Dutch

See Tokyo by water, including Japanese garden, funny boat, & historic Asakusa

With A Small Lab‘s Chris Berthelsen, I’ll be leading an afternoon tour tomorrow of Tokyo Bay and the Sumida river for Still City, an exciting workshop hosted at Shibaura House with international participants interested in urban design.

Anyone is free to join us tomorrow, or to use the itinerary on your own at any time. I like the layers of history visible when viewing Tokyo as a once great waterway, and the current reverberations of last century’s apocalyptic earthquakes, war bombing, surrender, and reinvention. The centuries old Japanese garden uses salt water from the bay for its ponds, there will be early fall folliage, and we will ride Himiko, the crazy boat in the photo above.

Still City is a Dutch-Japanese workshop looking at opportunities suggested by viewing Tokyo as emblematic of post-growth urban life. It’s supported by the Japan Foundation and the Kingdom of the Netherlands, along with its local embassy.

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Still City Tokyo Program: Tour (30 Oct. 2012) — Tokyo by Water with Jared Braiterman of Tokyo Green Space and Chris Berthelsen of A Small Lab

Overview: We’ll visit a traditional Japanese garden near Shibaura House, recall Tokyo’s river heritage on a water bus up the Sumida River, and explore Asakusa, one of Tokyo’s oldest neighborhoods. A frugal afternoon exploring a few still spaces in this churning megalopolis. Spontaneous picnicking, beers from final-generation liquor stores, and foraged city food are all possible.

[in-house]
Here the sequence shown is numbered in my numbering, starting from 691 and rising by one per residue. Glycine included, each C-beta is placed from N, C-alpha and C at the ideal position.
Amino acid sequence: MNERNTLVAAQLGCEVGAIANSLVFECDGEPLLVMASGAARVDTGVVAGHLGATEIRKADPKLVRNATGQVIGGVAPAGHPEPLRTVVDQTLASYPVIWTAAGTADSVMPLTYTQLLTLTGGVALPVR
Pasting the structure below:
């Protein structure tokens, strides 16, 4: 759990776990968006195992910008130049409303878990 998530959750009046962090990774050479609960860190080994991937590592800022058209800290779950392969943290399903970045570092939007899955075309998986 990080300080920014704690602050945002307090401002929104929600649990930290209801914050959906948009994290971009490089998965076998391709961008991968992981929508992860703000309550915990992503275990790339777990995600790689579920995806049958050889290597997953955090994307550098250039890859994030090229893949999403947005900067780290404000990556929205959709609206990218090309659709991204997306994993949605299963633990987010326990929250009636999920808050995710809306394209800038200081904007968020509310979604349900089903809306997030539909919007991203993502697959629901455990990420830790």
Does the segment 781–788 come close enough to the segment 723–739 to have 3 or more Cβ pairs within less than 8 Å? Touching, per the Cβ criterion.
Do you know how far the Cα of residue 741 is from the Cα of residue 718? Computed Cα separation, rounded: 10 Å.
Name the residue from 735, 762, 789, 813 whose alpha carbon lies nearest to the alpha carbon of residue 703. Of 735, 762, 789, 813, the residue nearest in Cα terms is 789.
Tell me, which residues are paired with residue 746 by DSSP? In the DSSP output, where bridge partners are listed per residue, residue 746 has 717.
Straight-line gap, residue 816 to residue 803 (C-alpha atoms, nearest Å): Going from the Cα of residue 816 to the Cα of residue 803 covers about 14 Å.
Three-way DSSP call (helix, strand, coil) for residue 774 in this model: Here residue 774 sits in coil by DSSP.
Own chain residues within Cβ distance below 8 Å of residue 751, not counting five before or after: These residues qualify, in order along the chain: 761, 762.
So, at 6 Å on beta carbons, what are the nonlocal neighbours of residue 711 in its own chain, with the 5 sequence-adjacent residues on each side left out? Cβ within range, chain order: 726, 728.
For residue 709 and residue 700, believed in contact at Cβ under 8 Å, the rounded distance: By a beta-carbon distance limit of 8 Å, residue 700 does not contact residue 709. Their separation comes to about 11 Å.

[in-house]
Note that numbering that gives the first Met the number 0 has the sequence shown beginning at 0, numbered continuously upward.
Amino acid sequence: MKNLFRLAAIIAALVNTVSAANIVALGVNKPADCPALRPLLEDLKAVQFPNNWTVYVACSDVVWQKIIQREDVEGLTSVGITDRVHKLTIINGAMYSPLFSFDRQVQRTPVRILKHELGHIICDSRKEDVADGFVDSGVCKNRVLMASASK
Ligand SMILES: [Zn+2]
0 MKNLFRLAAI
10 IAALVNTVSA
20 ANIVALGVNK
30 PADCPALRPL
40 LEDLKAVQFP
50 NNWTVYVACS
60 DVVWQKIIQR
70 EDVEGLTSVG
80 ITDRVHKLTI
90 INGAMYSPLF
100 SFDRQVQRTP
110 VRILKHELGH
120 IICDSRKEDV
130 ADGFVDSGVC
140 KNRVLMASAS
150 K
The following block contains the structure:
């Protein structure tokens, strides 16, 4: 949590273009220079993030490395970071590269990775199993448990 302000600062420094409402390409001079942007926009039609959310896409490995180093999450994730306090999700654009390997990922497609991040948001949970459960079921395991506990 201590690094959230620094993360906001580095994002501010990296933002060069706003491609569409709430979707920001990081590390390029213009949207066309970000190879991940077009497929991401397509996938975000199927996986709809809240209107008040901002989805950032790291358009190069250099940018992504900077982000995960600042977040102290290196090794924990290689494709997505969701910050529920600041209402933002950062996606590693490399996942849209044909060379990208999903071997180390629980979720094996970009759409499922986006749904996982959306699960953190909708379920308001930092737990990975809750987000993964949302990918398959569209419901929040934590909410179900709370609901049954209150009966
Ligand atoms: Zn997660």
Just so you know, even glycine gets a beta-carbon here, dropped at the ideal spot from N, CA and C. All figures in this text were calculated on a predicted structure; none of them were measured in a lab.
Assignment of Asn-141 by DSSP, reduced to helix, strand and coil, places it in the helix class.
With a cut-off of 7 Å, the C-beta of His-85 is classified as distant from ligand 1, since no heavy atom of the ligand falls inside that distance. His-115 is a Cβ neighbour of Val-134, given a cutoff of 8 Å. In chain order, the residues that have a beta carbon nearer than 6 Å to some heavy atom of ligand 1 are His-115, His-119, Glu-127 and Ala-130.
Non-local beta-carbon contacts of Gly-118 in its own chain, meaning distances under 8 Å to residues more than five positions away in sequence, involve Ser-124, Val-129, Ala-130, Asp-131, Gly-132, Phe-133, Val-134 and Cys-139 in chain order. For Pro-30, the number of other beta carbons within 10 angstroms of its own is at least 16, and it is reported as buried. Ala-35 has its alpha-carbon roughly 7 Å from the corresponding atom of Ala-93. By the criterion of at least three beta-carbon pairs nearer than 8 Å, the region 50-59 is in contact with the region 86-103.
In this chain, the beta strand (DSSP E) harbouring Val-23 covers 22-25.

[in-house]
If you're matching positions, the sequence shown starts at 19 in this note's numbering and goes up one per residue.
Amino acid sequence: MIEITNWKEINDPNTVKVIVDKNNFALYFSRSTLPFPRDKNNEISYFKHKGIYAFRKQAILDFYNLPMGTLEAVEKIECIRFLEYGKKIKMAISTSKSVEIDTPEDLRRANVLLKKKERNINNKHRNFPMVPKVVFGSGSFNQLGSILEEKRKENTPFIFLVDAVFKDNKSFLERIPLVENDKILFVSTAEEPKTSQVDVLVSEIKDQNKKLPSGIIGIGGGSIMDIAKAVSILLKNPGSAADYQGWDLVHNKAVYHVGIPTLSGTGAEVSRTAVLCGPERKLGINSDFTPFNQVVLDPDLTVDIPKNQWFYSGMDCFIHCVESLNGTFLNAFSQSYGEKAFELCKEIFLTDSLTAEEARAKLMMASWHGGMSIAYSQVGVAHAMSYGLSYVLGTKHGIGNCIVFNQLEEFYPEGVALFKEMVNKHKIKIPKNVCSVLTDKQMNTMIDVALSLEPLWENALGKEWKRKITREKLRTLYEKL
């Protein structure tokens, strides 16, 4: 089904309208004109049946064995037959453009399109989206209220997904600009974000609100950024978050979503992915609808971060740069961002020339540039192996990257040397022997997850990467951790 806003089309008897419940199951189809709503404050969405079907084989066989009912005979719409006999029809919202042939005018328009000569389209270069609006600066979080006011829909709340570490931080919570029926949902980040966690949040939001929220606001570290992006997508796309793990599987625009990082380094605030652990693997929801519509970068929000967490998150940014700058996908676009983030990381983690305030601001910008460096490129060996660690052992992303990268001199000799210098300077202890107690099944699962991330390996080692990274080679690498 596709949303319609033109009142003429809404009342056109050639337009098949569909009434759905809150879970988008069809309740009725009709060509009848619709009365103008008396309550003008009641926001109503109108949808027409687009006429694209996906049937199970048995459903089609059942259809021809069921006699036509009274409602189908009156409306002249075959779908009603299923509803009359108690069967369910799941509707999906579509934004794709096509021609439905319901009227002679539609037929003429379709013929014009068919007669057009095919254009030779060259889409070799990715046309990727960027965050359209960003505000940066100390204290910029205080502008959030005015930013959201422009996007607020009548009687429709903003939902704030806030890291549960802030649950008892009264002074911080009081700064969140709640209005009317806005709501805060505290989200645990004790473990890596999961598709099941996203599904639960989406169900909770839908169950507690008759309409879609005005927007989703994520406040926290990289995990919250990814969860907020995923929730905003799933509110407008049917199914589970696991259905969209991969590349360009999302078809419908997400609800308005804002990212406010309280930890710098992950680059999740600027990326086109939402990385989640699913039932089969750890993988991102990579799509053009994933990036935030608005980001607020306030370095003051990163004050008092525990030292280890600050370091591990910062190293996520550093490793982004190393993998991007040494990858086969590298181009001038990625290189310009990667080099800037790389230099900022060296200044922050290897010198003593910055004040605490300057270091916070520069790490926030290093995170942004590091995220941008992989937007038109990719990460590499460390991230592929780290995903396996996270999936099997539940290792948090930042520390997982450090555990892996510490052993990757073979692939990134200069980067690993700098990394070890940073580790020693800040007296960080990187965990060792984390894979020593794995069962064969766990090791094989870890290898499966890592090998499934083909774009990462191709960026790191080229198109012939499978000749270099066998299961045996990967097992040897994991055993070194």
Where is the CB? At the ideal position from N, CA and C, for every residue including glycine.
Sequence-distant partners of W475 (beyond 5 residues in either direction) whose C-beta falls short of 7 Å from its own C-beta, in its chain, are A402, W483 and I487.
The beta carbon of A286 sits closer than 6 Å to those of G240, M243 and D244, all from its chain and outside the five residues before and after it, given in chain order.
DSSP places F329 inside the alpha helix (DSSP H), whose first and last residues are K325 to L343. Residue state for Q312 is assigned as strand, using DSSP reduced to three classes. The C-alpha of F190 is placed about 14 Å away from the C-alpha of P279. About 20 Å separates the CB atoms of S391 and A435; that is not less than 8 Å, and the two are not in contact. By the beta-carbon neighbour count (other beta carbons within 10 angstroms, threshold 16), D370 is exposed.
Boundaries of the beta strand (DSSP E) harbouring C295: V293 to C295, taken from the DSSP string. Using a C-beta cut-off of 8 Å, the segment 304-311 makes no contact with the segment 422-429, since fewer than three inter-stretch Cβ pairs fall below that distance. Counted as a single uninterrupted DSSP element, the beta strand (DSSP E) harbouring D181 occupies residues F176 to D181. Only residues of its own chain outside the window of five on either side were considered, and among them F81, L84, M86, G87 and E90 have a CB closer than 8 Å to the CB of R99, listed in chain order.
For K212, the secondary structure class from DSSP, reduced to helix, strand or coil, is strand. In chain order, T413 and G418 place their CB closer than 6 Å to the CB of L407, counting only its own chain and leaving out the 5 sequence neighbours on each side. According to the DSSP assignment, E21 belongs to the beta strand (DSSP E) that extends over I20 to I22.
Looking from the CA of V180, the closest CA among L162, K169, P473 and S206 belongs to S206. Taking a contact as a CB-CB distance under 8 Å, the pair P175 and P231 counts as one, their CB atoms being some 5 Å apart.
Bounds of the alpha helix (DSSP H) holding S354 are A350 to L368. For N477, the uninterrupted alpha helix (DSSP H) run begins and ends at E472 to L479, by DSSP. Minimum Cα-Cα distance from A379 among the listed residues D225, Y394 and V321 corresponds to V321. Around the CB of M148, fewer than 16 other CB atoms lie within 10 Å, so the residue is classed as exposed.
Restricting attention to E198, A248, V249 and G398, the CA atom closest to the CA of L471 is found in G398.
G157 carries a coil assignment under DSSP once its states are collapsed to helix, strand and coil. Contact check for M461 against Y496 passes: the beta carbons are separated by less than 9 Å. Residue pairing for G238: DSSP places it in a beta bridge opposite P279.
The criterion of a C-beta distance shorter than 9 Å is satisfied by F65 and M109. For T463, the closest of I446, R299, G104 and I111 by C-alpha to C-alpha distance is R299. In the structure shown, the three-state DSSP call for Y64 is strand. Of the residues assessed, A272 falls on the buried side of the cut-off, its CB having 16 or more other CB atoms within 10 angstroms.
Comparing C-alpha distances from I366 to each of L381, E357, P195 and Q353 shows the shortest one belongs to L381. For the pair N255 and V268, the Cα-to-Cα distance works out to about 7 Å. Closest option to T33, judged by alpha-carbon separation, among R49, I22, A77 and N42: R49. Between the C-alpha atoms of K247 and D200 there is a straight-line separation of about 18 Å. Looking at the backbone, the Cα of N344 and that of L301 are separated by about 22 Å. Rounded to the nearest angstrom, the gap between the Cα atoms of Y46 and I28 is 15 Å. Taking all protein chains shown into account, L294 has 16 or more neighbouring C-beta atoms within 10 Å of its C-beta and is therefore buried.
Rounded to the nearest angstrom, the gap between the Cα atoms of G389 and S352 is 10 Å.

1. Enjoy a traditional Japanese garden: Meet at Hamarikyu Garden at 1.00 pm (Nakanogomon Gate entrance)
Hamarikyu Garden is an Edo-style garden situated between the glass high-rises of Shiodome and Tokyo Bay. A traditional Japanese garden dating back hundreds of years, this spot by the bay played a critical role in the negotiations between US General McArthur and Emperor Hirohito in settling the war and the fate of the imperial family. Perhaps they partook in duck hunting together, a ruling class pastime marked with a religious shrine.
Where: Hamarikyu Garden is a short walk from Hamamatsuchou, Shimbashi, and Shiodome stations, about 2 km from Shibaura House. You can easily walk from Shibaura House, or take the Yamanote line or the Yurikamome monorail.
Cost: 300 yen admission

2.  Boat up the Sumida River to Asakusa: Meet at Hinode Pier’s Waterbus Station at 2.45 pm